•Take care when gardening in the summer heat. Wear a hat, work in the early morning when possible and drink water before going outside to work.
•Keep removing faded flowers from annuals to encourage new growth and more flowers.
•For color to first frost, plant more warm-season annuals such as marigolds, zinnias and periwinkles.
•Sow broccoli, Brussels sprouts, cabbage, carrot, cauliflower, sweet corn, cucumber, okra and squash seeds during the first two or three weeks of the month. Although most vegetables need at least six hours of direct sunlight daily, the leafy vegetables in particular will appreciate some relief from the afternoon sun. If possible, position new crops so that more mature crops will shade them in the afternoons and protect them from the late-summer sun.
•Keep new seedbeds moist until plants germinate. Continue to water seedlings as they grow, but cut back on the frequency of watering as the plants get bigger. Deep, infrequent watering helps encourage strong root systems, but young plants may need more water while they are getting established. Mulch around seedlings as they develop to help conserve moisture and block weeds.
•Think containers: try planting in terra cotta pots, wooden troughs and barrels. Concentrate on smaller or more compact varieties, such as short, chunky carrot types rather than long, thin ones.
•Check every day for any ripe crops. Harvest all vegetables of edible size. Pick okra pods while they are small – no longer than your finger – and soft, pick summer squash and zucchini when the fruit is no more than 6 inches long and pick tomatoes when they have a red tinge to them. Green beans can be harvested when the are pencil-size and tender.
•Continue planting warm-season grasses.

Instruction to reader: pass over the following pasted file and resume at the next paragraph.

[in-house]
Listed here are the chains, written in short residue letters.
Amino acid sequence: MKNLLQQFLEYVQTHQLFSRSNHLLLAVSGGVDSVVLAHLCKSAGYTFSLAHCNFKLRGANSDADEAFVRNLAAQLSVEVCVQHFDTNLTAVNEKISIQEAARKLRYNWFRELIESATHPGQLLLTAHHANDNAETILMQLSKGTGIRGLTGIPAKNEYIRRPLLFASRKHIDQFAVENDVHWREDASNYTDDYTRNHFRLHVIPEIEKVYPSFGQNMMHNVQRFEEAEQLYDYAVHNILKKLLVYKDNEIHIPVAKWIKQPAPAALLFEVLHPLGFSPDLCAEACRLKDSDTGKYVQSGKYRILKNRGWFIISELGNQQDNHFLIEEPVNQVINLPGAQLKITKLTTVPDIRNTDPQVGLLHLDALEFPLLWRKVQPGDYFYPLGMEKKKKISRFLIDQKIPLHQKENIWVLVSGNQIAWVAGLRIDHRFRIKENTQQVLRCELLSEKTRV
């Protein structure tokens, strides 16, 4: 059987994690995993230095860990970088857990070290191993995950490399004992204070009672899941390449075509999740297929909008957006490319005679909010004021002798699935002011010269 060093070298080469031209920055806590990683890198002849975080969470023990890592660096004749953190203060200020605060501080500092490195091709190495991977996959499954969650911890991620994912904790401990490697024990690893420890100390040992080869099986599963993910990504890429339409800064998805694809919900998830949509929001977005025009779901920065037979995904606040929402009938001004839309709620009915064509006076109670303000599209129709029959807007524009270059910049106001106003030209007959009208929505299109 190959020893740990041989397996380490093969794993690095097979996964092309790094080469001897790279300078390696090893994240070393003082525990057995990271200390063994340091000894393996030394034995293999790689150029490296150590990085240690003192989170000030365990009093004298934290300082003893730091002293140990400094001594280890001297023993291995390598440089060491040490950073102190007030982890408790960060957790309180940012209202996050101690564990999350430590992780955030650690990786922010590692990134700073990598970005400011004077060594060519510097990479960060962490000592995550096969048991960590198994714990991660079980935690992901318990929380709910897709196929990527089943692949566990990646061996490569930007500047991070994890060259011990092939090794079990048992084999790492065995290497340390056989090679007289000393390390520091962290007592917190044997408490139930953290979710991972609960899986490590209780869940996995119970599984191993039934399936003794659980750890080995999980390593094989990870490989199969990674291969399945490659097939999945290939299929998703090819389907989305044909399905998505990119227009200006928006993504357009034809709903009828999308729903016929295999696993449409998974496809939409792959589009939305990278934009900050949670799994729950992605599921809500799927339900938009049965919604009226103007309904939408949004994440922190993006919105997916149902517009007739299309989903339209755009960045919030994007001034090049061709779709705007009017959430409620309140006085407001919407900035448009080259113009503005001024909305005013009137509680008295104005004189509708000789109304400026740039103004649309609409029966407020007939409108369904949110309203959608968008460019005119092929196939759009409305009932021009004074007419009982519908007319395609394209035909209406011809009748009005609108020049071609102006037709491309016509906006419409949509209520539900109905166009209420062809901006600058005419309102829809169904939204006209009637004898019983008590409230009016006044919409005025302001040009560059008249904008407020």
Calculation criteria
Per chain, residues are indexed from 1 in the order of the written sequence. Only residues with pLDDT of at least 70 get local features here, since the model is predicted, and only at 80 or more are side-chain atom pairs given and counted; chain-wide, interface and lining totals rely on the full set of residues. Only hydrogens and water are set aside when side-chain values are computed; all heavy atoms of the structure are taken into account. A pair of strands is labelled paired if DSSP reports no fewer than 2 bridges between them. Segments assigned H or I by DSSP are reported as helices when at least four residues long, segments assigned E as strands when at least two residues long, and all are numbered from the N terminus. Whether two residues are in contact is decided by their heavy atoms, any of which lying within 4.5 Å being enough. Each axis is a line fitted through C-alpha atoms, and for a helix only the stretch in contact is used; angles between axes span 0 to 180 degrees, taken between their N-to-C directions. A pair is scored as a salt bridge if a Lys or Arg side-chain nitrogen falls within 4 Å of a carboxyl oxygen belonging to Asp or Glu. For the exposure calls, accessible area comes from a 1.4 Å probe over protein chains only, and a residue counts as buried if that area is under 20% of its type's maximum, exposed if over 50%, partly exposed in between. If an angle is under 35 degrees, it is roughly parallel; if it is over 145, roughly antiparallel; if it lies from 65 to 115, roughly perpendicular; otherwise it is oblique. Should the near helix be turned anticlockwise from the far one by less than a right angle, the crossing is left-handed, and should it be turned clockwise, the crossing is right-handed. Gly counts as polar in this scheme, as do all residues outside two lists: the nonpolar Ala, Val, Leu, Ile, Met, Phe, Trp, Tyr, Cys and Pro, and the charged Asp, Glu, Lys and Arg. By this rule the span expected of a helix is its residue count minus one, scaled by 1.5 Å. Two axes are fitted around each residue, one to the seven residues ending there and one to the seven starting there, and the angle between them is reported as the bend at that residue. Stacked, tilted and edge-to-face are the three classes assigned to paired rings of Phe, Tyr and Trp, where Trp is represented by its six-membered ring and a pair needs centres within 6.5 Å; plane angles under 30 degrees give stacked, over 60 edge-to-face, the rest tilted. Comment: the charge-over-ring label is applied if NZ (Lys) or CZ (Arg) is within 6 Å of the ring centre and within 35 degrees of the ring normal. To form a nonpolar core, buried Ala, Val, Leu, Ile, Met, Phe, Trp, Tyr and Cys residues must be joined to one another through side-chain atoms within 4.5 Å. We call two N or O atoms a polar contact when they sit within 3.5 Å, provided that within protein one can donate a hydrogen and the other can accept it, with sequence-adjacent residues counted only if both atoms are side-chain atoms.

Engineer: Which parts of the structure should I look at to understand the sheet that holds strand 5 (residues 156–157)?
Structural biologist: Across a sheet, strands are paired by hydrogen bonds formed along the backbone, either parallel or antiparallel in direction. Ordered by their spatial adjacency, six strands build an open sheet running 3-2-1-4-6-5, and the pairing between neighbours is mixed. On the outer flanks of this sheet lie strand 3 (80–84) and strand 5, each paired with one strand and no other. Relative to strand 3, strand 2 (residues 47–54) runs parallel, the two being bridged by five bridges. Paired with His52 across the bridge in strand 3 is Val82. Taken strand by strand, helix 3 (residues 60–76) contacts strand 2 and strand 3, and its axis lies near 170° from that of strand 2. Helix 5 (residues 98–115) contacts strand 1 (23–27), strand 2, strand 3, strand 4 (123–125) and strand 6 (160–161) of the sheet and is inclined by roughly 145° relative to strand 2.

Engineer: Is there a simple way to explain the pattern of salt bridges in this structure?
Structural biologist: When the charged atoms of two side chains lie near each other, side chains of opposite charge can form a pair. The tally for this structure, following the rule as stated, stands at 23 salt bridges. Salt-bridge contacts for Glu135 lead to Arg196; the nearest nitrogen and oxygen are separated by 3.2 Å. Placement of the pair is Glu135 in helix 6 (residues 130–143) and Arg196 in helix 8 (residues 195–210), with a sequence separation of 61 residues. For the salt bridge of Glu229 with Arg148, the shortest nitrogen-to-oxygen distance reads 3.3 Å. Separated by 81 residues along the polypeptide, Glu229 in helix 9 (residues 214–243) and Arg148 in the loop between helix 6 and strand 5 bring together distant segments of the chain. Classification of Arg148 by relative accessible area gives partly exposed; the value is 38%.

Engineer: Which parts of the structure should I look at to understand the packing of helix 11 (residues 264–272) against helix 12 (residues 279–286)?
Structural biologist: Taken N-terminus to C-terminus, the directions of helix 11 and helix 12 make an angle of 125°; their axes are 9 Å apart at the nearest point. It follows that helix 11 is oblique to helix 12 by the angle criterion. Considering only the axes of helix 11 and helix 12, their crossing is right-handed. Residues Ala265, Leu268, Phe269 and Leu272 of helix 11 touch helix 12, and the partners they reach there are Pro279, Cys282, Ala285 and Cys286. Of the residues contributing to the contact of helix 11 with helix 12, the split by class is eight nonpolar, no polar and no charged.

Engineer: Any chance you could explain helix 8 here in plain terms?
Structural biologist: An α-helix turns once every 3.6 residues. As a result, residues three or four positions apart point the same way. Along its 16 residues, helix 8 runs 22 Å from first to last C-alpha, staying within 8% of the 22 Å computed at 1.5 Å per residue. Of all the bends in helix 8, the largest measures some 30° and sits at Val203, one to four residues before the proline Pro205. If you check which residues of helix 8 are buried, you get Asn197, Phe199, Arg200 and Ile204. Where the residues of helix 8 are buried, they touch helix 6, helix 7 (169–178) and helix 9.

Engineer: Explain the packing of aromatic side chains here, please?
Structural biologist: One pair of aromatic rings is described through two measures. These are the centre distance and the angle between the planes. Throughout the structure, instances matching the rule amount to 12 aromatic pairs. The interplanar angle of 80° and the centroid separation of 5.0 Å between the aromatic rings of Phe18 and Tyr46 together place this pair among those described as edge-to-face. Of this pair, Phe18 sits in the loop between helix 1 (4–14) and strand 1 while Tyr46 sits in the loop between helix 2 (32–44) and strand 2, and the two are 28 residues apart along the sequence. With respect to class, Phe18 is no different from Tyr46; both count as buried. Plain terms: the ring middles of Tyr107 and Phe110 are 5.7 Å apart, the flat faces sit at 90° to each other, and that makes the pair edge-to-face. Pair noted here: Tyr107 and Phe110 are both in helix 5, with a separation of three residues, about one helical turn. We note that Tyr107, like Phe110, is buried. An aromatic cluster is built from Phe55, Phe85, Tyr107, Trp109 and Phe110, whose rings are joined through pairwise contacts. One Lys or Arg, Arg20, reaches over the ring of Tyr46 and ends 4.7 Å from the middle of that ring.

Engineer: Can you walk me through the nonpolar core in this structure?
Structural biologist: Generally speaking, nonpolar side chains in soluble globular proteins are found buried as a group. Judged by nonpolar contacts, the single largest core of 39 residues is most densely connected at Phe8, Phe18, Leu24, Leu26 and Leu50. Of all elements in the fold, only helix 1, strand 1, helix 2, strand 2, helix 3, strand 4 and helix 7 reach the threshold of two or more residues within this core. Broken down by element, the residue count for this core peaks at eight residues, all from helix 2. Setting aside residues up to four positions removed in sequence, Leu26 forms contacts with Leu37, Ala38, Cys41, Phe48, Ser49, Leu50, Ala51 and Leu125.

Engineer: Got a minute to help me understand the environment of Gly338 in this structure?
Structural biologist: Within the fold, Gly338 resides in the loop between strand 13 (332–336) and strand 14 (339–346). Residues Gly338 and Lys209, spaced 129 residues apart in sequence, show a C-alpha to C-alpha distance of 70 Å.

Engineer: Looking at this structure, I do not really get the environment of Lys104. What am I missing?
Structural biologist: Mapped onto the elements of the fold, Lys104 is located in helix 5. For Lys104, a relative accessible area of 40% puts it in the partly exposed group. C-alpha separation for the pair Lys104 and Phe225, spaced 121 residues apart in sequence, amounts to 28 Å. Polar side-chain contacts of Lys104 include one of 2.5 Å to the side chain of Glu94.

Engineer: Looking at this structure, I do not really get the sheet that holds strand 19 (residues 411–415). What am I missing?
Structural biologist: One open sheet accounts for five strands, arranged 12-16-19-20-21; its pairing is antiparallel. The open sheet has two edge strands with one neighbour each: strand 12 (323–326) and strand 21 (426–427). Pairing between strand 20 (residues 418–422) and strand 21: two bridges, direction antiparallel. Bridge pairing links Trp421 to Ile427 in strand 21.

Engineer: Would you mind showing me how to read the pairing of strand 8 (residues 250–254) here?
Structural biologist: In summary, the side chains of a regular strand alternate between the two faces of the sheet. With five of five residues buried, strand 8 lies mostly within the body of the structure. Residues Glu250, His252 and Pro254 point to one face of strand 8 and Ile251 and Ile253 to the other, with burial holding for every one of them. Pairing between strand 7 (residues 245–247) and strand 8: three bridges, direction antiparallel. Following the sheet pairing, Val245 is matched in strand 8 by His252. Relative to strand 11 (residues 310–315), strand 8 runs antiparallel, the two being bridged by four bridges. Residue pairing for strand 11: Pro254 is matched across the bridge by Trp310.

•Turn the compost pile occasionally to help aerate the compost and speed up decomposition. If the compost is nearing completion, start a new pile so fall leaves will have a place to go.
•Start sowing Chinese cabbage and head lettuce seeds midmonth.
•Sow black-eyed peas, collars, parsley and Swiss chard seeds throughout the month.
•Treat for June beetle grubs as necessary. If you have four to 10 June beetle grubs per square foot of lawn, you may want to do something about them. Choose a pesticide labeled for white grub control or consider an organic control method, such as using beneficial nematodes.
•Control chinch bugs and flea problems with diatomaceous earth and pyrethrum products.
•Deter crickets by eliminating weeds and dense vegetation around the house foundation. Also clean up piles of bricks, stones, wood and other debris where crickets like to hide.
•Water the landscape deeply and thoroughly once a week in the absence of rain.
•Late in the month, set out broccoli, Brussels sprouts, cabbage and cauliflower transplants.
•Start sowing kale, butterhead lettuce, spinach and turnip seeds the last week of August.
•Plant new irises or divide crowded existing ones. Plant irises in a sunny, well-drained area.
•Divide other spring-flowering perennials, such as Shasta daisy, gaillardia, day lilies and liriope.
•Plant mums, asters and other fall-blooming plants.
what plants/shrubs/trees are good to sow around june/july?
Any perennial would be fine. You can also work with plant clippings. Still early in the season for doing that. You can use a root hormone that is 5.00 at any home depot or lows store.
Most trees have no problem growing anytime of year. As long as the dirt is not frozen you can plant almost anytime of year.
I will highly recommend planting some bulbs. You might want to wait a couple of months. But most fall bulbs give a wonderful spring display.
Just remember that all annuals other then the pansy is not going to survive the winter. You always want to plant those early in the season for it's long display of color threw out the spring and summer season.